A Secret Van Gogh Drawing Unveils His Complicated Faith | Sojourners

A Secret Van Gogh Drawing Unveils His Complicated Faith

The artist had compassion for the poor — and a lifelong struggle with religious rejection.
An x-ray image of a faded van Gogh self-portrait, which depicts him in a slight side profile to the camera. Van Gogh has a short beard and is wearing a hat and jacket.
An X-ray image of the hidden van Gogh self-portrait / National Galleries of Scotland

ART CONSERVATIONALISTS RECENTLY discovered a previously unknown Vincent van Gogh painting, a rare find that has excited the art world. On the back of his 1885 portrait “Head of a Peasant Woman,” tucked beneath layers of cardboard and glue, is a hidden self-portrait from early in van Gogh’s career, before he famously cut off his left ear. But the discovery is significant for more than its artistic importance. The hidden self-portrait is symbolic of van Gogh’s larger life and works, illustrating his Christian faith, compassion for the poor, and lifelong struggle with religious rejection.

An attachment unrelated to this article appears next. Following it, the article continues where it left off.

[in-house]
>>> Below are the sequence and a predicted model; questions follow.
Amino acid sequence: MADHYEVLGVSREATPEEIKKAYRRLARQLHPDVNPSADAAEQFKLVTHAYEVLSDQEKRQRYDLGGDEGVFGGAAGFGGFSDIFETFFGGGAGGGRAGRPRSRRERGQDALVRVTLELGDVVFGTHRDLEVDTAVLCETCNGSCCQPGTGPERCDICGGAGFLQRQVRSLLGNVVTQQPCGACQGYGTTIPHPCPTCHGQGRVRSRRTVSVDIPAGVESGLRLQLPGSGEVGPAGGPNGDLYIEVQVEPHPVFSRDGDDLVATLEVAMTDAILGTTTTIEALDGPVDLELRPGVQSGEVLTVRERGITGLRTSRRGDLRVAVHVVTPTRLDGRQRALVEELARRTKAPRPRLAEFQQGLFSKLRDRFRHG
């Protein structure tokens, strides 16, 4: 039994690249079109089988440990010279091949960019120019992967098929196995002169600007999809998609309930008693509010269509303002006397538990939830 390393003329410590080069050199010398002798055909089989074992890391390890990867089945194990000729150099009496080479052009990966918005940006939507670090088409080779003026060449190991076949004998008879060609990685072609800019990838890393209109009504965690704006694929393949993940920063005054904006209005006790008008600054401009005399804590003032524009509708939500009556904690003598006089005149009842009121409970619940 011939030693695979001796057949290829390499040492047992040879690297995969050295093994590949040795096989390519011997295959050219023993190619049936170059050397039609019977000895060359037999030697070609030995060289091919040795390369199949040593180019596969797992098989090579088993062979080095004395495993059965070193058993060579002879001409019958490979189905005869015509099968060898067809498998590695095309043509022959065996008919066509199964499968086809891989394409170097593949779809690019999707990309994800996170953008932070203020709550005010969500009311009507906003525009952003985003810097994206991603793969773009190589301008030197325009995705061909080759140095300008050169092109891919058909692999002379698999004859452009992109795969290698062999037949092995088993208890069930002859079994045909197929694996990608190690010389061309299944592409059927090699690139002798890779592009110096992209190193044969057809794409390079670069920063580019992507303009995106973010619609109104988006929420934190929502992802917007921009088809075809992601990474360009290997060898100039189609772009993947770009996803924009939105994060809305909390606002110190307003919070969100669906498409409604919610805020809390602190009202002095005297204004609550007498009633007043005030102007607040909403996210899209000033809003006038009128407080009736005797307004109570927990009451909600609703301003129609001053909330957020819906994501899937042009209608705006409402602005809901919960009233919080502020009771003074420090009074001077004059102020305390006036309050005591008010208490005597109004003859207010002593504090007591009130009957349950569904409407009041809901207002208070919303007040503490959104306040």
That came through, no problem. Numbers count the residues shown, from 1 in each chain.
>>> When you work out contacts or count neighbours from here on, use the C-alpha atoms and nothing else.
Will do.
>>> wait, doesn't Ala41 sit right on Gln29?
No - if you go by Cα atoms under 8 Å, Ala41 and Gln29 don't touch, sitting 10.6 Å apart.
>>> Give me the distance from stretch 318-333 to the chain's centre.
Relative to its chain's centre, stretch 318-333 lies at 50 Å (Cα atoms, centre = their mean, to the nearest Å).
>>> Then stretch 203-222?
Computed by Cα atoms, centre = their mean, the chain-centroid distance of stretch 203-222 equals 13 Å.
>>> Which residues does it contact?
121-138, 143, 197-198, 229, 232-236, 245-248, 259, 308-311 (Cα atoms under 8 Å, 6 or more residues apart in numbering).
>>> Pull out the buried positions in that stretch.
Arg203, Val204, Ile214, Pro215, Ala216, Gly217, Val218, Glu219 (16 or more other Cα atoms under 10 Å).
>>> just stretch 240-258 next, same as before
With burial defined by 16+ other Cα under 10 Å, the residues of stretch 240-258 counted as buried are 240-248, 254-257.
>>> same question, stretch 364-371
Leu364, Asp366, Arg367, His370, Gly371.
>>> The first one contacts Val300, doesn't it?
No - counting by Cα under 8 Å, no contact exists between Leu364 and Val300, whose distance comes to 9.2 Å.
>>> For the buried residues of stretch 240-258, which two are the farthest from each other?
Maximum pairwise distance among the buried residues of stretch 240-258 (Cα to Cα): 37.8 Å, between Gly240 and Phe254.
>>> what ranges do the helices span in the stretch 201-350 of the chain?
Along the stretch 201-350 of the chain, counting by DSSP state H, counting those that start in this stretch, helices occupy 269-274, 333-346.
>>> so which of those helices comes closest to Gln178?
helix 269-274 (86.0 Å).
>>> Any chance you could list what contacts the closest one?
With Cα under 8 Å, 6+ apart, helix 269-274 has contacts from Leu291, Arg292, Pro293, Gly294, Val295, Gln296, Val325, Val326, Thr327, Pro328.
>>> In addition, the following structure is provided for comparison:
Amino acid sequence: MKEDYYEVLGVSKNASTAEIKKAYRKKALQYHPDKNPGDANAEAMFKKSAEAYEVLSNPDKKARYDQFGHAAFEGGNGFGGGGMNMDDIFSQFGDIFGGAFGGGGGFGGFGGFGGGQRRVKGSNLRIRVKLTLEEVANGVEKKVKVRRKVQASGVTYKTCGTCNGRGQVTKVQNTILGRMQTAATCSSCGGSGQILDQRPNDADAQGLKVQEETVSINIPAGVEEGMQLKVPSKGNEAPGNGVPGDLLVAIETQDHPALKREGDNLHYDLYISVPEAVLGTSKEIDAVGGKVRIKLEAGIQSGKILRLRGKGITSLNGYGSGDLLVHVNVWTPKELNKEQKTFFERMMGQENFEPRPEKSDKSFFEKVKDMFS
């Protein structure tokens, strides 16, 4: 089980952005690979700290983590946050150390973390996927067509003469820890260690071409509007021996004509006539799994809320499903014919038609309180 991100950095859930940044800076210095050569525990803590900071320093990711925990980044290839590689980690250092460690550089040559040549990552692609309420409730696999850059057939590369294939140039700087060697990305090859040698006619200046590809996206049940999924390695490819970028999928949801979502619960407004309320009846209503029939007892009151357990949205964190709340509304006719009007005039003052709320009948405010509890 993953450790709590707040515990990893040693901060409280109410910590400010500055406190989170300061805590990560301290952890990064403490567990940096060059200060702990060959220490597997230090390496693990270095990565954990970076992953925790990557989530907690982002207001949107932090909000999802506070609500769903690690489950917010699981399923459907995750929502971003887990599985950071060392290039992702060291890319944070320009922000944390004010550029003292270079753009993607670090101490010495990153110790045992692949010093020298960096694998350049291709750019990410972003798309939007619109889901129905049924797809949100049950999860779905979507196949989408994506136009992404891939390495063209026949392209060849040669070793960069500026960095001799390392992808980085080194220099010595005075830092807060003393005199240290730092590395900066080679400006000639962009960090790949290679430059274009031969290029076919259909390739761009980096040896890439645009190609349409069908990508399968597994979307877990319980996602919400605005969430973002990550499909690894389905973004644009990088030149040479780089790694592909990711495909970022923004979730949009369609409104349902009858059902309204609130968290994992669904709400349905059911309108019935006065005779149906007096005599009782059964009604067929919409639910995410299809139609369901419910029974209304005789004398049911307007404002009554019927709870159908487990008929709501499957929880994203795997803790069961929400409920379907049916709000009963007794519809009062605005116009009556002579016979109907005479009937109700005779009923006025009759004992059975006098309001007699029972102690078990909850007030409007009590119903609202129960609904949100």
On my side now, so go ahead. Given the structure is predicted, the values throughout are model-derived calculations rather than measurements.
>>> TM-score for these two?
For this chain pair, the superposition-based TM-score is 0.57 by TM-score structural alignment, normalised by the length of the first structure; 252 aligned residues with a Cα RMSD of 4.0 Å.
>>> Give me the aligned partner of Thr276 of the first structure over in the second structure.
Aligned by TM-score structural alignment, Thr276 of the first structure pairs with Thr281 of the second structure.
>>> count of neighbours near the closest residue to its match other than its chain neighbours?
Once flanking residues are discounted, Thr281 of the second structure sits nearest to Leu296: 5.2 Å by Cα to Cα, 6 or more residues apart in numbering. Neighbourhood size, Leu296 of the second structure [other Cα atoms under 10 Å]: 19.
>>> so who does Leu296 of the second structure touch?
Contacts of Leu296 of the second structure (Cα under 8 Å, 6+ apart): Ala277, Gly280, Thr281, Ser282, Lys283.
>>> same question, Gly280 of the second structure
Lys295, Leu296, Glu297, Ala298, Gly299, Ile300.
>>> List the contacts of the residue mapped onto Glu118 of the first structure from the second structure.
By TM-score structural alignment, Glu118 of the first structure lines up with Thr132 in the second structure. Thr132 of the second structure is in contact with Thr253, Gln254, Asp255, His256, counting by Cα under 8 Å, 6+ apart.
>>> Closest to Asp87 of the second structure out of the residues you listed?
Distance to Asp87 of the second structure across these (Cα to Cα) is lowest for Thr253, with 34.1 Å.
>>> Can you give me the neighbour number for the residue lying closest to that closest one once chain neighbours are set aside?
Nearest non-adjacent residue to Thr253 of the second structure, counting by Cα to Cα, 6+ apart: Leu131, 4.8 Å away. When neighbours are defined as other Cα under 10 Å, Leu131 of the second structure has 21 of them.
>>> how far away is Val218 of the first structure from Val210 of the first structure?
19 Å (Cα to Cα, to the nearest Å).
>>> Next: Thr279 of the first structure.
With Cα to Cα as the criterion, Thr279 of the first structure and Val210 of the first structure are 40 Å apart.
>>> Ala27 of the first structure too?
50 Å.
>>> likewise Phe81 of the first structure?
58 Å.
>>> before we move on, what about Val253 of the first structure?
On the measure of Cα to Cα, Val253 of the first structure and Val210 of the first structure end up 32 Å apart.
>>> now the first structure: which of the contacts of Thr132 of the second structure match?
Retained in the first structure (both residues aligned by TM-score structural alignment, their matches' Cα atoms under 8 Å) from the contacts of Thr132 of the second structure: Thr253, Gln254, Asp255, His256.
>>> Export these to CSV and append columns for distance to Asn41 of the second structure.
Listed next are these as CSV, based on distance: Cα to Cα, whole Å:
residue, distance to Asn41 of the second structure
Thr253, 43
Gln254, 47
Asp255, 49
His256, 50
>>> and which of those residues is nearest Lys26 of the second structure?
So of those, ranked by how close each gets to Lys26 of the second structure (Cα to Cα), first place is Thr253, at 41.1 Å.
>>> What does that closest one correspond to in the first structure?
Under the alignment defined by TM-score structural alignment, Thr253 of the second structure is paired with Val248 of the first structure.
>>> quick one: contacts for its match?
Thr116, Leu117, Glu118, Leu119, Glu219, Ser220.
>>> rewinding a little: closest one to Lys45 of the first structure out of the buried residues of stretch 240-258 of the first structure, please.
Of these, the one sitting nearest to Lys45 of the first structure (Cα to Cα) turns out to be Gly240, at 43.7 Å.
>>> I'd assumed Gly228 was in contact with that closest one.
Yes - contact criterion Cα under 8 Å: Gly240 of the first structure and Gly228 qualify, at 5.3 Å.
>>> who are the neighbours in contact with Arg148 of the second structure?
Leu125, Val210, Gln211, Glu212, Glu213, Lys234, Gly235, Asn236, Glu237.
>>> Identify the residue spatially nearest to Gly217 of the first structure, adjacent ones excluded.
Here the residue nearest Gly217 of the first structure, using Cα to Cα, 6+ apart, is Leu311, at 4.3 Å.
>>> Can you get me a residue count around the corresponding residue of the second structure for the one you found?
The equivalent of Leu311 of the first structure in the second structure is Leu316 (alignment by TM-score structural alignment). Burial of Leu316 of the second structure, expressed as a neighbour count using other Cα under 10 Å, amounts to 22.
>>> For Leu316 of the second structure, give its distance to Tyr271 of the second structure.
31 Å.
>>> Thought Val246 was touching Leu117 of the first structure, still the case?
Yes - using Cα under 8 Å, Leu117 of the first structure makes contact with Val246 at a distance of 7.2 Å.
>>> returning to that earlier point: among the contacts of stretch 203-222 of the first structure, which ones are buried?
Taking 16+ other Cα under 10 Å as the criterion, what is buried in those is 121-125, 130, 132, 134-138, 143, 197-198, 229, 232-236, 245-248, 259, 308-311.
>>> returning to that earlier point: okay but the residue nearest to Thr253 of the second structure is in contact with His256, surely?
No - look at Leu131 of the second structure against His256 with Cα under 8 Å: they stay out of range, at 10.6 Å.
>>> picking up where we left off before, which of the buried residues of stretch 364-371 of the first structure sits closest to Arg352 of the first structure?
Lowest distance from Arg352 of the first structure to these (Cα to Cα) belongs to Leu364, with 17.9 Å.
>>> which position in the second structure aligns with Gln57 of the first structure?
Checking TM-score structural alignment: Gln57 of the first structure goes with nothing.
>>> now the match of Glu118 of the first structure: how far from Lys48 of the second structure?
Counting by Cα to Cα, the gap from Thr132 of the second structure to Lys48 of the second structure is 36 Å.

Van Gogh grew up attending church and wanted to become a clergyman, just like his father, Rev. Theodorus van Gogh. But these hopes were dashed when he was unable to enter religious studies, in part because of behavior considered “eccentric” — a sort of manic shifting of interests. This was an early manifestation of van Gogh’s lifetime of mental health struggles, and the beginning of a complicated relationship with the church.

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The cover for the January 2023 issue of Sojourners features a white Bible with gold leaf pages. A gold-plated pistol sits under the book board with some bullets around it.
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